the federal government has been complicit in its deterioration.
Droughts are common in California. The drought of 2012-2016 had
no less precipitation and was no longer than previous
historical droughts, but came with record high temperatures and
low snowpack, which worsened many drought impacts.
At the July meeting of the Delta Stewardship Council, Delta
Lead Scientist Dr. John Callaway updated the Council on the
latest scientific developments, discussing three papers that
highlight the multi-faceted approach that is needed to address
the Delta’s ecosystem; he also previewed upcoming events and
provided the By the Numbers Report.
The Delta Plan Interagency Implementation Committee is
comprised of high-ranking members of 18 state, federal, and
regional agencies… At the July 2020 committee meeting,
members heard presentations on the Central Valley Project
Improvement Act and the state’s new Incidental Take Permit and
how those programs utilize principles of ecosystem-based
The California Central Valley Regional Water Quality Control
Board said lab results from July 14 revealed high levels of a
toxin called microcystins in scum samples from Mormon Slough,
the downtown marina and Morelli Park Boat Launch that ranged
from four to more than 20 times the state’s Tier 3 danger
The staff of the Federal Energy Regulatory Commission stated
its support once again for the fishery releases proposed by the
Modesto and Turlock irrigation districts. The action reaffirmed
FERC findings in February 2019 that dismissed pleas from
environmental and sport-fishing groups for much higher flows.
Feinstein’s Restoration of Essential Conveyance Act would
authorize $800 million in federal funding to repair critical
canals in the San Joaquin Valley damaged by land sinking from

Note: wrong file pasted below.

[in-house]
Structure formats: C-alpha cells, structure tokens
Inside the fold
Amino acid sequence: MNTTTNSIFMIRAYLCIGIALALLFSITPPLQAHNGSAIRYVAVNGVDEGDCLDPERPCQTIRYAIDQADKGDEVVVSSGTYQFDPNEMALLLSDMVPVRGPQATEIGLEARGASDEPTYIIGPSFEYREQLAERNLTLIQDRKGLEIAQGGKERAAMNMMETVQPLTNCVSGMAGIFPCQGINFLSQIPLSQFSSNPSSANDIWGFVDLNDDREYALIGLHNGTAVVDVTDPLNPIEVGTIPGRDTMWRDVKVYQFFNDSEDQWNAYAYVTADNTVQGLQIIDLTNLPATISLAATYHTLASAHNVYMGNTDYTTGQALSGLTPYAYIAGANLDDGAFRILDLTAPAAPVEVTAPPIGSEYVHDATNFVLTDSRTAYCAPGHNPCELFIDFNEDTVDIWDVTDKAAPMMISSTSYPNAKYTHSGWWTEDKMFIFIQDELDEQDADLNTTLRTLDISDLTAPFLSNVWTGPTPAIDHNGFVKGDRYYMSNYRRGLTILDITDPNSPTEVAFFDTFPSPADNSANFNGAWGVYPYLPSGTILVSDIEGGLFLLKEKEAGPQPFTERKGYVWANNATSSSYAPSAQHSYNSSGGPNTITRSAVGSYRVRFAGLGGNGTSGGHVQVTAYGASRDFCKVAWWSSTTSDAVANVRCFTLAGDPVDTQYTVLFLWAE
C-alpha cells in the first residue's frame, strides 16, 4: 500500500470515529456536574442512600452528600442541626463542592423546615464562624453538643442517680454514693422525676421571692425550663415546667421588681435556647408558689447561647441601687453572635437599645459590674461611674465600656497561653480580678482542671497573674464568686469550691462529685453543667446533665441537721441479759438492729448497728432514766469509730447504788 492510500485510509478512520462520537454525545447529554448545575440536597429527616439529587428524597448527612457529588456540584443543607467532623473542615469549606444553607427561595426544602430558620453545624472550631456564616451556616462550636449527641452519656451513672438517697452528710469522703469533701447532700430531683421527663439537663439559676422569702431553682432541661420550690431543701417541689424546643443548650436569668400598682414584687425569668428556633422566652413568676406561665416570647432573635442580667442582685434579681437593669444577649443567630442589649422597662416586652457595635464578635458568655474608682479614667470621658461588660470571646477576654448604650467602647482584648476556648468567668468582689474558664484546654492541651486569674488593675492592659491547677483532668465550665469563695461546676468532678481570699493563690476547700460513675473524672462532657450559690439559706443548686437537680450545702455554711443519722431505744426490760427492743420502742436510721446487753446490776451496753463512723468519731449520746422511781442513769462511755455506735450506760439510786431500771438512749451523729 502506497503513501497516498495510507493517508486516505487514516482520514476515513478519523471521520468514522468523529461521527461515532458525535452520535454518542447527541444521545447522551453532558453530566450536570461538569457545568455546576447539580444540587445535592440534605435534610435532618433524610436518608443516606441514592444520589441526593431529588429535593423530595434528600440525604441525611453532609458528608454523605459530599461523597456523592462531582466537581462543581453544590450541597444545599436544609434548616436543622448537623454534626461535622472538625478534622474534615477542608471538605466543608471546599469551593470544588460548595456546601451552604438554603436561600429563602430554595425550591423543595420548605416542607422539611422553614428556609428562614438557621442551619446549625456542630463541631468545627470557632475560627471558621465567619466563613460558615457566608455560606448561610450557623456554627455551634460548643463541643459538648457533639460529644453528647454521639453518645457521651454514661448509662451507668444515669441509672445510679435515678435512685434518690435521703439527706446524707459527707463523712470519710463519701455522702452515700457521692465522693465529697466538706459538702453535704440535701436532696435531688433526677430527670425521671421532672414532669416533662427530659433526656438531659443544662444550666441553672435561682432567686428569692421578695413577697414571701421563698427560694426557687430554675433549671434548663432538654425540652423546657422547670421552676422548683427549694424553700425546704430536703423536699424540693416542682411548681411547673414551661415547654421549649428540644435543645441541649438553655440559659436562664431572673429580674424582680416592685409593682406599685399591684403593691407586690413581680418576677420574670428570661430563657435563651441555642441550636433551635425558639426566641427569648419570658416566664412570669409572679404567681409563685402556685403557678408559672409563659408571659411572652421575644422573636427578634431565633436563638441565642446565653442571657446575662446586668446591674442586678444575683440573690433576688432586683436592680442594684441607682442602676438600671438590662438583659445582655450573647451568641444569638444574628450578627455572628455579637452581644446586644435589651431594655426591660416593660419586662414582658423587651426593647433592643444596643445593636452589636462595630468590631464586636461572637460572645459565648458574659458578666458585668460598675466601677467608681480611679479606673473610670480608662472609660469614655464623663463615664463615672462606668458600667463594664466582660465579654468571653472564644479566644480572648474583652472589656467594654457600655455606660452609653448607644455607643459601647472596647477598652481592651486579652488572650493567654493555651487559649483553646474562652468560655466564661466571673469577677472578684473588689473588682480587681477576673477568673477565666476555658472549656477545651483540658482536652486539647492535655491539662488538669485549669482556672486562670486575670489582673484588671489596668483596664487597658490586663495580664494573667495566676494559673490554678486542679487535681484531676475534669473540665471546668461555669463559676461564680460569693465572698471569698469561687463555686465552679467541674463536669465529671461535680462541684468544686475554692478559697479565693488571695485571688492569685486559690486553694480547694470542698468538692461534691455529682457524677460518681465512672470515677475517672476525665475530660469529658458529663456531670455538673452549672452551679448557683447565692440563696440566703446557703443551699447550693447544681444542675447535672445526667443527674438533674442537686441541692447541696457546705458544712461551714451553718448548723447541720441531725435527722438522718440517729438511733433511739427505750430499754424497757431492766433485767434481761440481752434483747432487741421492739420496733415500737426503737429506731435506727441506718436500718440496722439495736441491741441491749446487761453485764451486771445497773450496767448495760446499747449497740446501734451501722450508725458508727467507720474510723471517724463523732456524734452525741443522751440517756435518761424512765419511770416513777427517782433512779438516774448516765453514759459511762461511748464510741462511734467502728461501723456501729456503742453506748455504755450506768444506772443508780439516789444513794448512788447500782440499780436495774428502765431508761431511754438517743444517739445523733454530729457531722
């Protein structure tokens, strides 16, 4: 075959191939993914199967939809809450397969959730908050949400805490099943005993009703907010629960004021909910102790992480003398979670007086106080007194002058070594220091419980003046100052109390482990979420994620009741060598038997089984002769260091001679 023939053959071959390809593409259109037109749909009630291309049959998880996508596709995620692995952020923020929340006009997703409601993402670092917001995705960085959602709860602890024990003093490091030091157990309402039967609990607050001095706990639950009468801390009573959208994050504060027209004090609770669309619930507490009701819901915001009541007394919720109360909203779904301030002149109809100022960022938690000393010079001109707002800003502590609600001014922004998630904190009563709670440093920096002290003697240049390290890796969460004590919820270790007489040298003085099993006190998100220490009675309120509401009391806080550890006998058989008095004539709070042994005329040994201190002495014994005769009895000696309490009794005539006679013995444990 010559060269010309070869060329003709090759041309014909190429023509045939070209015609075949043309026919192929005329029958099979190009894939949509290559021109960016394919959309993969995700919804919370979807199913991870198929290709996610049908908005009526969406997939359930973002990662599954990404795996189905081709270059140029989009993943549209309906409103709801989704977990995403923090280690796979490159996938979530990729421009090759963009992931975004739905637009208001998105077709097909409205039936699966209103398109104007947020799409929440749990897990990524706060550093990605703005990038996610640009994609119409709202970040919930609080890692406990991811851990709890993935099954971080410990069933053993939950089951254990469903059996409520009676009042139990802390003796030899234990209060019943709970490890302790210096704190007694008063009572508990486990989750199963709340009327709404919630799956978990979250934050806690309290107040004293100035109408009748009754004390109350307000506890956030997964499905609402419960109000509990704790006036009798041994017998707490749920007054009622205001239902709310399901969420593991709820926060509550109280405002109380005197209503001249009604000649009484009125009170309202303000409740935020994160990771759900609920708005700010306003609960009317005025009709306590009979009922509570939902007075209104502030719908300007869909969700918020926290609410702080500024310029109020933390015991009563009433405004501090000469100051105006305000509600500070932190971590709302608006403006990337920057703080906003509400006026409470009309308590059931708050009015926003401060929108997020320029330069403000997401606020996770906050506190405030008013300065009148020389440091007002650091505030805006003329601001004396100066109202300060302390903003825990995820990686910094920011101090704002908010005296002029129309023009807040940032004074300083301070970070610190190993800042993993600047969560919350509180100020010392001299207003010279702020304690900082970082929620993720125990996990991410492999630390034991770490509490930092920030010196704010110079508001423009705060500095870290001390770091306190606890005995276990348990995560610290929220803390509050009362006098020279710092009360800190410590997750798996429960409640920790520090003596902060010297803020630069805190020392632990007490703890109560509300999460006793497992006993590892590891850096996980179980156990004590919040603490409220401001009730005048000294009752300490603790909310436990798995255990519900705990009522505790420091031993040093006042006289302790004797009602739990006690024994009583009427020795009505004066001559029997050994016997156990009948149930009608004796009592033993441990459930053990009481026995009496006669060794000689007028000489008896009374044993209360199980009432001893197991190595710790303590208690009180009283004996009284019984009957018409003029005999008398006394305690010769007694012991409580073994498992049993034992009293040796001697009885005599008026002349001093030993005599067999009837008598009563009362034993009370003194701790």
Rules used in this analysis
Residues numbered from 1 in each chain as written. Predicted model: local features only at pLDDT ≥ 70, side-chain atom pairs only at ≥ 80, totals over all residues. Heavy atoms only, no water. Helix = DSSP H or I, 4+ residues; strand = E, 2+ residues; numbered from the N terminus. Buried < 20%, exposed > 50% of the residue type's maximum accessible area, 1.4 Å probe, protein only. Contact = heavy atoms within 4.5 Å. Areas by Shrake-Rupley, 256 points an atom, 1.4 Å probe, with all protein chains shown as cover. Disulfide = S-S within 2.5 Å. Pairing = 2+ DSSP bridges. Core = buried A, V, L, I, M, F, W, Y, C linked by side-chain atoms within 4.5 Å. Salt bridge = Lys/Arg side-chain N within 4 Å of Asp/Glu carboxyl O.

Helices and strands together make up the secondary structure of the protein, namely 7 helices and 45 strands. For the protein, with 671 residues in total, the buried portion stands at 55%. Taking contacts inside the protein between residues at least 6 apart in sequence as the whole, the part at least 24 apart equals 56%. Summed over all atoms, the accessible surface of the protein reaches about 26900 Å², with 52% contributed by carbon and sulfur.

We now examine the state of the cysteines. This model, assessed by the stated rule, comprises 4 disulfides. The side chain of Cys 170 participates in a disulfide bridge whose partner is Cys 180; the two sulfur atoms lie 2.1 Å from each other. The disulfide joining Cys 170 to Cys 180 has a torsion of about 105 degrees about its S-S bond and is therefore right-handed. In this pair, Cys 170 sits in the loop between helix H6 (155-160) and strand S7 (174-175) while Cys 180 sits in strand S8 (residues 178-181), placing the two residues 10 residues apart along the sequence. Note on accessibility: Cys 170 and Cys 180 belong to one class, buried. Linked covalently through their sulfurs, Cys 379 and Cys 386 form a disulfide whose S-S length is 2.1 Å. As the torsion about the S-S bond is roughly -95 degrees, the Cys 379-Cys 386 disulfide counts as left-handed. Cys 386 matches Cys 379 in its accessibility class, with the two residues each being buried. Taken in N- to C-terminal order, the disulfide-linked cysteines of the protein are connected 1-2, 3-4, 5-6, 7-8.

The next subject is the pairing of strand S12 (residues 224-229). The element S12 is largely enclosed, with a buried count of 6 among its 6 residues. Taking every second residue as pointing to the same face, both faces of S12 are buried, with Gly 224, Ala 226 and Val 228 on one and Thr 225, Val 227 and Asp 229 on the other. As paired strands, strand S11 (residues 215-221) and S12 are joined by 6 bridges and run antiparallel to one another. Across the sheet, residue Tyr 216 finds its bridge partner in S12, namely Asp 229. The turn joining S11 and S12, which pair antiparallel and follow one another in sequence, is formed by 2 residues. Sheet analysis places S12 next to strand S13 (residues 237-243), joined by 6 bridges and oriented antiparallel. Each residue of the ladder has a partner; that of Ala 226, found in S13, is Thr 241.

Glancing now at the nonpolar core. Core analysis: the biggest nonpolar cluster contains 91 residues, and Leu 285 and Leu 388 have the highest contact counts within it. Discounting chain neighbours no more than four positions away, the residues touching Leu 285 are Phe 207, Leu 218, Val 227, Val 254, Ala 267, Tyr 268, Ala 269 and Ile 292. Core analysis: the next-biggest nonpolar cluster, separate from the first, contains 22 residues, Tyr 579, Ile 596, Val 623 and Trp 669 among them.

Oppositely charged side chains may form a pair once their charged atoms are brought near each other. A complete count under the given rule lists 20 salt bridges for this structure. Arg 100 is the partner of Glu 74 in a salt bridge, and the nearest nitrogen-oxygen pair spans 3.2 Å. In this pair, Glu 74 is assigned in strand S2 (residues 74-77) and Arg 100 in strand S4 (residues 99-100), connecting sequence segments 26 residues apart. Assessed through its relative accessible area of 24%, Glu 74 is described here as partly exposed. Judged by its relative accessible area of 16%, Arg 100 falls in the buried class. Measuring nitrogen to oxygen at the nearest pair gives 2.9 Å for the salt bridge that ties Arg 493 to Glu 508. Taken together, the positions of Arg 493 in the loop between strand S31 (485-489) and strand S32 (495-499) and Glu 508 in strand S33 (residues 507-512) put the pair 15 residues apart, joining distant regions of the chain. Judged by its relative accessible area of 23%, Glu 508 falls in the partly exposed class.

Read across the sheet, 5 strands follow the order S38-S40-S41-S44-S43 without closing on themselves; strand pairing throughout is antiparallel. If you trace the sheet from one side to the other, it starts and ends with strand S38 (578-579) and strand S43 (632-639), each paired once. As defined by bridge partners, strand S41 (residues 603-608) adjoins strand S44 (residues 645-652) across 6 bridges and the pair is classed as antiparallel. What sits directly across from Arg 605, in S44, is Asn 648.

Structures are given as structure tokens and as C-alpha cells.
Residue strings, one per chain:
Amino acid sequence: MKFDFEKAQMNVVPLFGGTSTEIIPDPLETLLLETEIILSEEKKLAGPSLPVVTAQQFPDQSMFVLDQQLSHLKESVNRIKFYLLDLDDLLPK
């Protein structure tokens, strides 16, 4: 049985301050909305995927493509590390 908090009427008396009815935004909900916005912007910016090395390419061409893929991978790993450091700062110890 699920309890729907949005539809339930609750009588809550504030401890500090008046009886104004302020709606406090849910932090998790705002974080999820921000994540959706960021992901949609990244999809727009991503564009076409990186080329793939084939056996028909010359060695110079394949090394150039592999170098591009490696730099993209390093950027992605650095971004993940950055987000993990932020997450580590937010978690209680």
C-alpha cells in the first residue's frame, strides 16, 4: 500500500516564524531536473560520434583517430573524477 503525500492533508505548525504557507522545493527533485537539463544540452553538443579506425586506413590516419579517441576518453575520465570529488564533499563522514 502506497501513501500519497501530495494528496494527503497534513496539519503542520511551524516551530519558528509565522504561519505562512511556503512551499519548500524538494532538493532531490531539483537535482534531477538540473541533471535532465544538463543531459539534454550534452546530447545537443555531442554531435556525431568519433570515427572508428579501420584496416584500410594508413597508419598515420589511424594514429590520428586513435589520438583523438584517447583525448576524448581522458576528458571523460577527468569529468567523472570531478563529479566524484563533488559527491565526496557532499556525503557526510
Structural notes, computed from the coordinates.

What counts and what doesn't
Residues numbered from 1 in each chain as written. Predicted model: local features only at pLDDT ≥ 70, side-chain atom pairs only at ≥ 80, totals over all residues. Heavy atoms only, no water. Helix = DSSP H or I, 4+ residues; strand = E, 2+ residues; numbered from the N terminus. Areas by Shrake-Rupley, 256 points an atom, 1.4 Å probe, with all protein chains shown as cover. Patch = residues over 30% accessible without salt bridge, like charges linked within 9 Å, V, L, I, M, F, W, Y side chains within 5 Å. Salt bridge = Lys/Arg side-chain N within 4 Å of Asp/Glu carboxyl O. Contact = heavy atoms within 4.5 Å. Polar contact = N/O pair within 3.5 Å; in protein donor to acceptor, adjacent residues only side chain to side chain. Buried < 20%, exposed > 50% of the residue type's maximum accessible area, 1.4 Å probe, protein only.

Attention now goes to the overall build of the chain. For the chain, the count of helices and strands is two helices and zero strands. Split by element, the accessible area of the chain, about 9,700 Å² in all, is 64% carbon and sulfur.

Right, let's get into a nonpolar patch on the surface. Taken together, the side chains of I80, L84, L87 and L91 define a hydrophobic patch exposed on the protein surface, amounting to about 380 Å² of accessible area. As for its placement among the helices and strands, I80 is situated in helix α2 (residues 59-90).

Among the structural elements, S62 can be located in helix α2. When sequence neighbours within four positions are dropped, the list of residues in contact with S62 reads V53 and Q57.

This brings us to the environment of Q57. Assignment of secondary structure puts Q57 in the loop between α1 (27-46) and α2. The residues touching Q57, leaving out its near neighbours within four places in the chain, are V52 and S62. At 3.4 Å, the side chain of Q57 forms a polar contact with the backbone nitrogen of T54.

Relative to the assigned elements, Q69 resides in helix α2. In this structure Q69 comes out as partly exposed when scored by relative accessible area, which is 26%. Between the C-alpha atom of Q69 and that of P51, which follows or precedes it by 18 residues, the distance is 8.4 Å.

overpumping of groundwater, known as subsidence, and for
In 2003, Congress passed The Nutria Eradication and Control
Act, which established a fund to help Maryland and Louisiana
battle the animals. Recently, the House of Representatives
passed bipartisan legislation that now allows California to
also receive support. The bill now heads to the Senate.
Toxic sludge is collecting in corners, around boats and
floating in patches through the Delta, turning the water bright
green. “We’re watching it every year, with climate change
becoming worse and worse,” said Barbara Barrigan-Parrilla with
Restore the Delta. Barrigan-Parrilla said this year’s bloom is
the worst it’s ever been.
With state and federal administrations fighting in court about
delta water operations—and with a pandemic and election year
both underway—work has slowed on voluntary agreements meant to
avoid severe cuts to northern San Joaquin Valley water
supplies. At issue is the first phase of a State Water
Resources Control Board plan for the Sacramento-San Joaquin
The City of Lathrop wants to secure a permit that will allow
for the discharge of treated wastewater into the San Joaquin
River. And last week they agreed to spend more than $400,000 to
take steps towards achieving that longstanding goal.